Wednesday, June 27, 2012

Healing Pork Bones Soup with Lingzhi Mushroom Recipe

Lingzhi (Ganoderma lucidum, 靈芝) is well known for its' healing properties. Lingzhi have ganoderic acid that have steriod liked molecular structure.  It can help to prevent senility and improve mental strength. I managed to get hold of some dried Lingzhi mushroom slices and used them as one of the ingredients in my Chinese Herbal Soup Recipe. Lingzhi is bitter, so I only added 2 slices into my medium size pot of soup. In order to reduce the bitterness in the soup, I throw in 2 pieces of Chinese Licorice (Kan chou) and some dried longan. Kan Chou is good for preventing cold, flu, tooth decay and gum diseases.

Here is my Healing Pork Bone Soup with Lingzhi Mushroom Recipe.

Pork Bones, 5 pcs
Lingzi, 2 slices
Ang Cho (Chinese Red Dates), 8 pcs
Dried Longan 8 pcs
Kei Chi (Wolfberries), 1 tablespoon
Kan Chou (Chinese licorice root), 2 slices
Salt to taste

Pour around 7 bowls of water into a pot. Bring to a boil and add in the pork bones. Throw in the rest of the ingredients and boil for around 1 hour. Add salt to taste. Add more water if the level drops significantly. Bring to a boil again and turn off the heat. Serve while still hot.

Monday, June 25, 2012

Penang Fried Kuih Kark (Radish cake) Recipe

I tried out this fried Penang kuih kark (radish cake, loh bak koh) recipe wihout using Borax water (air abu, kan sui, alkaline), which is not good for people with weak digestive system. Air Abu is supposed to make the texture of kuih kark more 'springy'. However, since I cooked this as breakfast for my eldest son before he leaved home for school, early in the morning, I wanted something simple as possible or 'with a shortcut procedure'.
Actually, steam the rice cake at night and put them in the fridge overnight so that it has a more solid texture and not so sticky. It also cut down the time I needed to prepare this dish in the morning.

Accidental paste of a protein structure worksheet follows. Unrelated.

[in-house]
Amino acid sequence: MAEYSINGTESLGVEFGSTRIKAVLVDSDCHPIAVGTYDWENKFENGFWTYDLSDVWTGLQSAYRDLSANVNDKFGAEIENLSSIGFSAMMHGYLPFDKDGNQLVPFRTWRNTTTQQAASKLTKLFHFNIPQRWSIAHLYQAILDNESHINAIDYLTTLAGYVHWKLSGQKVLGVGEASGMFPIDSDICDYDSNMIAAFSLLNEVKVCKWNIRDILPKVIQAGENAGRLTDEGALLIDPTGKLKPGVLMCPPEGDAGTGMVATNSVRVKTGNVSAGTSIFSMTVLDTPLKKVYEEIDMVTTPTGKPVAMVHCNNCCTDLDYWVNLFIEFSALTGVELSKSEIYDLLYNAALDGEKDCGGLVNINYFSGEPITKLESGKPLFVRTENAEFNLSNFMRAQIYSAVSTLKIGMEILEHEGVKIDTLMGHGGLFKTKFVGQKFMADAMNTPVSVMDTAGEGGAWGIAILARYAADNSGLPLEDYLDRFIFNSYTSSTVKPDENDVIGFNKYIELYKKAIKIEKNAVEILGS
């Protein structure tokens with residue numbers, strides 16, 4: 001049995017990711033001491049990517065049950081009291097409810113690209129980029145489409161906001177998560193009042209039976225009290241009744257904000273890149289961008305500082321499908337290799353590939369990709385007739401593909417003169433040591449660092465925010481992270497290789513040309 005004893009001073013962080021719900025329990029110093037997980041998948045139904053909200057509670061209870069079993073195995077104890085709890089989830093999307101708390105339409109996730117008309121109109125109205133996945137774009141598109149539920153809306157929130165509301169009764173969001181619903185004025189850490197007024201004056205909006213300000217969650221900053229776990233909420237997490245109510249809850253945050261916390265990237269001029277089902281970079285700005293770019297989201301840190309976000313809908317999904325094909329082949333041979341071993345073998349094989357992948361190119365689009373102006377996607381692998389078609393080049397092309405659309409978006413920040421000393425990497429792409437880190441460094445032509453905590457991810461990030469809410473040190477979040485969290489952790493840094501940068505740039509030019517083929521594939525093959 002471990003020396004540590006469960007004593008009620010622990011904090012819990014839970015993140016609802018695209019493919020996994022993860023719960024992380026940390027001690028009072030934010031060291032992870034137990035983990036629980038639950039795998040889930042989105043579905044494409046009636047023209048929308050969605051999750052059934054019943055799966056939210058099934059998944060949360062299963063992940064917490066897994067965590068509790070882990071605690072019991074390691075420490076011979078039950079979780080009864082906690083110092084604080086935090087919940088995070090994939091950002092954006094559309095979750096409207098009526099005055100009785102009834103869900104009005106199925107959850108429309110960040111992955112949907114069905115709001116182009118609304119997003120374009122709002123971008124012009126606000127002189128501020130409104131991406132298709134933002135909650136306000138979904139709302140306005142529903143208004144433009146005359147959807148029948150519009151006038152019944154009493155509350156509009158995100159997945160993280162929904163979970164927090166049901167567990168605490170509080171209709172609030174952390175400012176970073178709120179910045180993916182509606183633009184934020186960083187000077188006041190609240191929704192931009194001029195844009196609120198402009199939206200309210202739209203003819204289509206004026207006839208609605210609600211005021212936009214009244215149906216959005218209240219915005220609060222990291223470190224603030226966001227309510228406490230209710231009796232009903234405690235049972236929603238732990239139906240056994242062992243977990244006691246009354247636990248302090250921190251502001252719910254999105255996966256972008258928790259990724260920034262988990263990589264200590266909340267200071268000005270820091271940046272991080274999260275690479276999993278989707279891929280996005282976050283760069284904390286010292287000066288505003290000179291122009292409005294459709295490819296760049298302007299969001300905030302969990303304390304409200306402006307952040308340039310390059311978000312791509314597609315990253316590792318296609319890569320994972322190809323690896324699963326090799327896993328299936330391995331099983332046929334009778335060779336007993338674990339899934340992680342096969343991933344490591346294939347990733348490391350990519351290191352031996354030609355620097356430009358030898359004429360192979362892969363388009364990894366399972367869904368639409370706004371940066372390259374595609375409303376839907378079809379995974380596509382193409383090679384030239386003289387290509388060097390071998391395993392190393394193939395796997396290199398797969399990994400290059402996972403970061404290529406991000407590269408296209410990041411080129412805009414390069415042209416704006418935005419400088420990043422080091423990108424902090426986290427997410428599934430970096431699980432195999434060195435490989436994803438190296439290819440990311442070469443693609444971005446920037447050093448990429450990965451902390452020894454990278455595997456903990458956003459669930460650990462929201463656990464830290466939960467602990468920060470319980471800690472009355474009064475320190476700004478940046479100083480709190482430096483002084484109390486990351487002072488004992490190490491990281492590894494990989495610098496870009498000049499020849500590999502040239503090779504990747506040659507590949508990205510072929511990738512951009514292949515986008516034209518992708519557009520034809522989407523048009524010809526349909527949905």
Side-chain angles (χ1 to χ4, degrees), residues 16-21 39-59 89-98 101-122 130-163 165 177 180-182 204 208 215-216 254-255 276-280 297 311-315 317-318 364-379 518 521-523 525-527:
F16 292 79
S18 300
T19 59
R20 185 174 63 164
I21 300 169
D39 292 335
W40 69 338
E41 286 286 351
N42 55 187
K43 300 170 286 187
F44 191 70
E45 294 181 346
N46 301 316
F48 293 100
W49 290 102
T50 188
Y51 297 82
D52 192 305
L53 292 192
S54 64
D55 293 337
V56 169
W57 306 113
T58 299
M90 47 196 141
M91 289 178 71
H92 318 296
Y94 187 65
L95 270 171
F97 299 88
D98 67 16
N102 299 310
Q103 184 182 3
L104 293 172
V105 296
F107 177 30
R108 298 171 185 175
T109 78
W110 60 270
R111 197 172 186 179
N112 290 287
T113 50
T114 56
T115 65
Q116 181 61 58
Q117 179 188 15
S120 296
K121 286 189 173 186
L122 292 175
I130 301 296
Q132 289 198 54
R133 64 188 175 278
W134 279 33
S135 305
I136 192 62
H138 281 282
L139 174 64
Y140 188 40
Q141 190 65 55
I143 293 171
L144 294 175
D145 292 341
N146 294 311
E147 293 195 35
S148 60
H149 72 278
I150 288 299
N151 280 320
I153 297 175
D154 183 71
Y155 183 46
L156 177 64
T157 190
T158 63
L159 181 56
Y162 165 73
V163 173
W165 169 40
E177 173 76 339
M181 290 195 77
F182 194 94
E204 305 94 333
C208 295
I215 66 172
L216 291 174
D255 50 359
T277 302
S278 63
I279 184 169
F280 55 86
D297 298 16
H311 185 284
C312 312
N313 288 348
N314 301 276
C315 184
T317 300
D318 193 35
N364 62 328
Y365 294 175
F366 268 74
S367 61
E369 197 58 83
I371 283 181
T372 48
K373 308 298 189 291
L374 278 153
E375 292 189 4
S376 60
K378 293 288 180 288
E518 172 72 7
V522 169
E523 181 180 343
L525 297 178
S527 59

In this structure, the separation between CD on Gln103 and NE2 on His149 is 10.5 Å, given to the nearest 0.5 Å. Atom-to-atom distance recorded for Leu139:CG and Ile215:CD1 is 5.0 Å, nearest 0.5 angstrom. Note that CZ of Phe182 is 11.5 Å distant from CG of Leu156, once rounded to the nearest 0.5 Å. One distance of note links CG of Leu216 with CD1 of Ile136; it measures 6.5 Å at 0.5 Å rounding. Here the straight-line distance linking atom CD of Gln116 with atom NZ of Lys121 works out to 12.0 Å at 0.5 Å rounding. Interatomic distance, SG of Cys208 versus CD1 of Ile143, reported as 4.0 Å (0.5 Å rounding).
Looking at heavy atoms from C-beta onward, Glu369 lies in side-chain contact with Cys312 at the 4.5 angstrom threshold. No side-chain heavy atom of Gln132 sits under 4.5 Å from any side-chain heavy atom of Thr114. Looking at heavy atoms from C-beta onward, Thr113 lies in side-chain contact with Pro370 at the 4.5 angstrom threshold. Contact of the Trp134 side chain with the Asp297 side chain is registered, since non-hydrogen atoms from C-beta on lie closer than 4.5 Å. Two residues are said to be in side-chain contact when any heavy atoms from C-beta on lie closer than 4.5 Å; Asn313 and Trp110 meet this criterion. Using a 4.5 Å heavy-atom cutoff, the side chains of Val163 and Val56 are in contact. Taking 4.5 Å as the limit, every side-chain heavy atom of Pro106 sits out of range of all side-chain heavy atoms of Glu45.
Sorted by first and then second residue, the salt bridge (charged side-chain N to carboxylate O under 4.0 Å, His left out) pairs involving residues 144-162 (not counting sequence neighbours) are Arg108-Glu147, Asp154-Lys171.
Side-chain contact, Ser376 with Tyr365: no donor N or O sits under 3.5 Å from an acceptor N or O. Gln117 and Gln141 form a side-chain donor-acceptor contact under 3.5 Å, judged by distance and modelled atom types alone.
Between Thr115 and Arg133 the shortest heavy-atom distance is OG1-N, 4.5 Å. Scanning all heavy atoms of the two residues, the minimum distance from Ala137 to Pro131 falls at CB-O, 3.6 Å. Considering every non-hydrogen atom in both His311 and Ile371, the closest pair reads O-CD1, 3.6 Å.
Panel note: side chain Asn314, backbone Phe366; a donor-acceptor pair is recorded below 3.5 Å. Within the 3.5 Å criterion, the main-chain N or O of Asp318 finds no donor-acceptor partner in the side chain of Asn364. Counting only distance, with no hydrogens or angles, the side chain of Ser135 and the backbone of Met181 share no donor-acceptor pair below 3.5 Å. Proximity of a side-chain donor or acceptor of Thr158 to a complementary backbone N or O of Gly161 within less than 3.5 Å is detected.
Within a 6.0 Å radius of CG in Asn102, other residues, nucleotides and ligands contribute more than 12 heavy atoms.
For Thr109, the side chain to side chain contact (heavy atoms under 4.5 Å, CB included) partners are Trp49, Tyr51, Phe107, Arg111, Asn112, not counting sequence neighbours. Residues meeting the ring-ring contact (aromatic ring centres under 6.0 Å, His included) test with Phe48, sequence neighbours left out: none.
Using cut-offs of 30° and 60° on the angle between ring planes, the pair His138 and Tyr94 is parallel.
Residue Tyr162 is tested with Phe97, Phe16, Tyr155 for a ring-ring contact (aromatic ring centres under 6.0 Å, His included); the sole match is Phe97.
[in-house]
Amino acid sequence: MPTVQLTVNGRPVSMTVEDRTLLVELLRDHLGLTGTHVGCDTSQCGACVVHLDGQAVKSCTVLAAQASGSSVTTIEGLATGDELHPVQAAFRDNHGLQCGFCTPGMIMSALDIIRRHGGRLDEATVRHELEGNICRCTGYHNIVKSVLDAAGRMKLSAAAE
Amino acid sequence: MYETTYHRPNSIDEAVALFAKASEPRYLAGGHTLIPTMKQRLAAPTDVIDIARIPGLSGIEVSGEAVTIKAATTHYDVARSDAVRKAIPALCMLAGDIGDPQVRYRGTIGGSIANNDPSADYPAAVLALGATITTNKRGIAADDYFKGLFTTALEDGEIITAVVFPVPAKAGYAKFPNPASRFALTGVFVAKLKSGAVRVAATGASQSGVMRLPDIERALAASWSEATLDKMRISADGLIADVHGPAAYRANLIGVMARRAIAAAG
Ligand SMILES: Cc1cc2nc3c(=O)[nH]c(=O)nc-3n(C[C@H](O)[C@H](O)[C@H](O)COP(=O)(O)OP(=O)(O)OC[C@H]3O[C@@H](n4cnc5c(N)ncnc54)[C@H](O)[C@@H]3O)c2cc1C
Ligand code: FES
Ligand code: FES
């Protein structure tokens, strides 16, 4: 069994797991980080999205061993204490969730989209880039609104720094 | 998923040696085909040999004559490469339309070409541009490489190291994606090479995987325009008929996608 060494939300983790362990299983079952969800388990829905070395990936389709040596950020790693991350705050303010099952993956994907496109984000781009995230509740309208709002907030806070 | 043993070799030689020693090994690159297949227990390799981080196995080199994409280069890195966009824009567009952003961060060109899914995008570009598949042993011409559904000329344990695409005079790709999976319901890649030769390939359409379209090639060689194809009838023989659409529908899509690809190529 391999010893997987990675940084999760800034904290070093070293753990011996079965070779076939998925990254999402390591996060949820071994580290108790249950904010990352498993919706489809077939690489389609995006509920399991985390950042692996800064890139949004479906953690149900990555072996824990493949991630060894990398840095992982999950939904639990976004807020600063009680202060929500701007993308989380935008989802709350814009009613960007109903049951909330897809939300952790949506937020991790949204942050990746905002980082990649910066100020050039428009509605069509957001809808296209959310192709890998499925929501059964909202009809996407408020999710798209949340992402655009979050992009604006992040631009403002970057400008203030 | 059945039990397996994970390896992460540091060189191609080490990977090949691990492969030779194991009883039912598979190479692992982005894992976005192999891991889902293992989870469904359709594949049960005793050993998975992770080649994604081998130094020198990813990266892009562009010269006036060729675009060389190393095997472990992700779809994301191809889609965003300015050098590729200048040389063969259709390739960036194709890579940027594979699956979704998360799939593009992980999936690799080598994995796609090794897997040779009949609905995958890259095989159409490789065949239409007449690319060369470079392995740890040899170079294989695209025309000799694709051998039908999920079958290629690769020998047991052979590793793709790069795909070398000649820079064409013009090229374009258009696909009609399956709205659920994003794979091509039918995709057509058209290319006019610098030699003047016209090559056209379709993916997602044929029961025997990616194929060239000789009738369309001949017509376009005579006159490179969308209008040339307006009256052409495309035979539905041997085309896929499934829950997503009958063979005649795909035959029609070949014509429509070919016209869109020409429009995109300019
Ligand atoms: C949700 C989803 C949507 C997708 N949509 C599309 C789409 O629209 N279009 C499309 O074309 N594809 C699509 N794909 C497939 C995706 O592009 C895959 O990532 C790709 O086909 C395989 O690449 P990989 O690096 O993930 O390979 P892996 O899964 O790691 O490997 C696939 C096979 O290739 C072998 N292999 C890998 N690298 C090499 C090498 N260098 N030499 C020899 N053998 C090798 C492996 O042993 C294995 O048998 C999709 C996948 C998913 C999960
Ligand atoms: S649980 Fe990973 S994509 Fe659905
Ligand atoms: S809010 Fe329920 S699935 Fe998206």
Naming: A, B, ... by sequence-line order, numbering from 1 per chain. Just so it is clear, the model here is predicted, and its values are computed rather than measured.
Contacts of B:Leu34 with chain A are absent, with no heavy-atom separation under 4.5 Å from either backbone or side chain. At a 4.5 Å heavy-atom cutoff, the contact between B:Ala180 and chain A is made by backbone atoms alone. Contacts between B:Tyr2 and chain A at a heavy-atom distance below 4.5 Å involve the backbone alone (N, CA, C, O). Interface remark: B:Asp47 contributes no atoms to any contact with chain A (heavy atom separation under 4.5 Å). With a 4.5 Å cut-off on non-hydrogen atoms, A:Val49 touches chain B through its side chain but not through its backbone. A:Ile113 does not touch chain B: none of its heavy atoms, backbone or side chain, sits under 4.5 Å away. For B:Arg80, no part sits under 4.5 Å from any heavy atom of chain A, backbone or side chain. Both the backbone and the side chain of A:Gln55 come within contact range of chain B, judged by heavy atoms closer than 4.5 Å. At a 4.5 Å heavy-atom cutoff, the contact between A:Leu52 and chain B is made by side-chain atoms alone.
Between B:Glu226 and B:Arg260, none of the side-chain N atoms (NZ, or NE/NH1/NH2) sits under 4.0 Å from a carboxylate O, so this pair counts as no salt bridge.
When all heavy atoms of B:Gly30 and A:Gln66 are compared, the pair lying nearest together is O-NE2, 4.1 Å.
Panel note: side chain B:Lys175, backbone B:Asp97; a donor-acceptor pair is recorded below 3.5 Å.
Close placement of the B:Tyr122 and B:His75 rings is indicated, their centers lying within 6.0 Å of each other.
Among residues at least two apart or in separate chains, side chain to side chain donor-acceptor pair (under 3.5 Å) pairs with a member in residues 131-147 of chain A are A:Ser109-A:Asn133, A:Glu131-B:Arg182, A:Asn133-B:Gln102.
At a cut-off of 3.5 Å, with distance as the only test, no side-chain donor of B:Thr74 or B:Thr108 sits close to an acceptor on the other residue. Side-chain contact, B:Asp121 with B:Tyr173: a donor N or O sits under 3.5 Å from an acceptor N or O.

Here is my kuih kark recipe

Rice Flour, 2 cups
Corn Flour, 3 tablespoons
Water, 4 cups
Salt to taste

Taugeh (beansprout), 1 bowl
Salted Radish (Chai Poh), 2 tablespoons
Garlic, 5 cloves, chopped finely
Chilly paste, 1 table spoon (optional)
Dark soya sauce, 1 tablespoon
Light soya sauce, 2 tablespoon
Pepper, to taste
Eggs, 2 pcs
Vegetable oil, 2 tablespoon
Salt to taste

Mix all the rice cake ingredients and steam in high heat for 20 to 30 minutes. Let the rice cake cool down preferably overnight. Cut the rice cake into small cubes. Heat up wok and put in the vegetable oil. Saute garlic and chai poh until fragrant. (Be careful, chai poh can really 'jump' out from the wok when hot!). Put the the rice cake cubes. Pour in the dark soya sauce and light soya sauce. Fry until the dark soya sauce coat the rice cake evenly. Put in the chilli paste.  Add a little more oil and put in the eggs. Add pepper and a little light soya sauce. Fry until the eggs are cooked and then add in the taugeh (beansprouts). All salt to taste. Serve while still hot.

Sunday, June 24, 2012

Simple Fried Luncheon Meat with Potato and Carrot Recipe

Actually I rarely cook processed food for my family lunch or dinner meal. However, I was running a little late from work and have to cook up something fast for dinner. Therefore, I just open a can of luncheon meat,  fried them with potato and carrot. I used US Russet potato which soften easily compared to other types of potatoes.
My kids love this dish very much!

Here is my Quickie Fried Luncheon Meat with Potato and Carrot Recipe.

Luncheon Meat, 1 can, cut into bite sizes
Garlic, 3 cloves, chopped finely
US Russet Potato, 2 pcs, cut into small cubes
Carrot, 1 pc, cut into small cubes
Pepper, to taste

Heat up wok and put in a little vegetable oil. Put in the garlic and stir fry until they are slightly golden brown. Add in the potatoes. Fry until they are well cooked and soft. Throw in the carrot and luncheon meat. Add a dash of pepper. Fry the mixture for a short while. Dish up and serve while still hot! Taste real good with steamed rice.

Friday, June 22, 2012

Sour Basil Pork Ribs Soup Recipe

This soup is almost similar to Thai Tomyam in taste. However the addition of basil leaves and lengkuas (galangal) brought out a totatlly new mix of flavours. I trust those who loves sourish soup would love it very much.
I boiled the pork ribs until they are very tender. It is good to eat them with soya sauce in cili padi (bird eye chillies). Yummmm, can eat extra bowl of rice! LOL!

Pork ribs chunks, 5 pcs
Onions, 1 pc, cut into four
Tomato, 1 pc, cut into four
Basil leaves, from 5 stalks
Galangal, 1" in length, remove skin and smashed
Bay Leaves, 1 pc
Tamarind juice, from 1 table spoon of tamarind
Bird Eye chily, 3 pcs, smashed (or desired amount)
Serai (lemon grass), 2 pcs, smashed
Kaffir Lime Leaves, 5 pcs
Salt to taste
Sugar to taste
Nampla (fish sauce), 1 teaspoon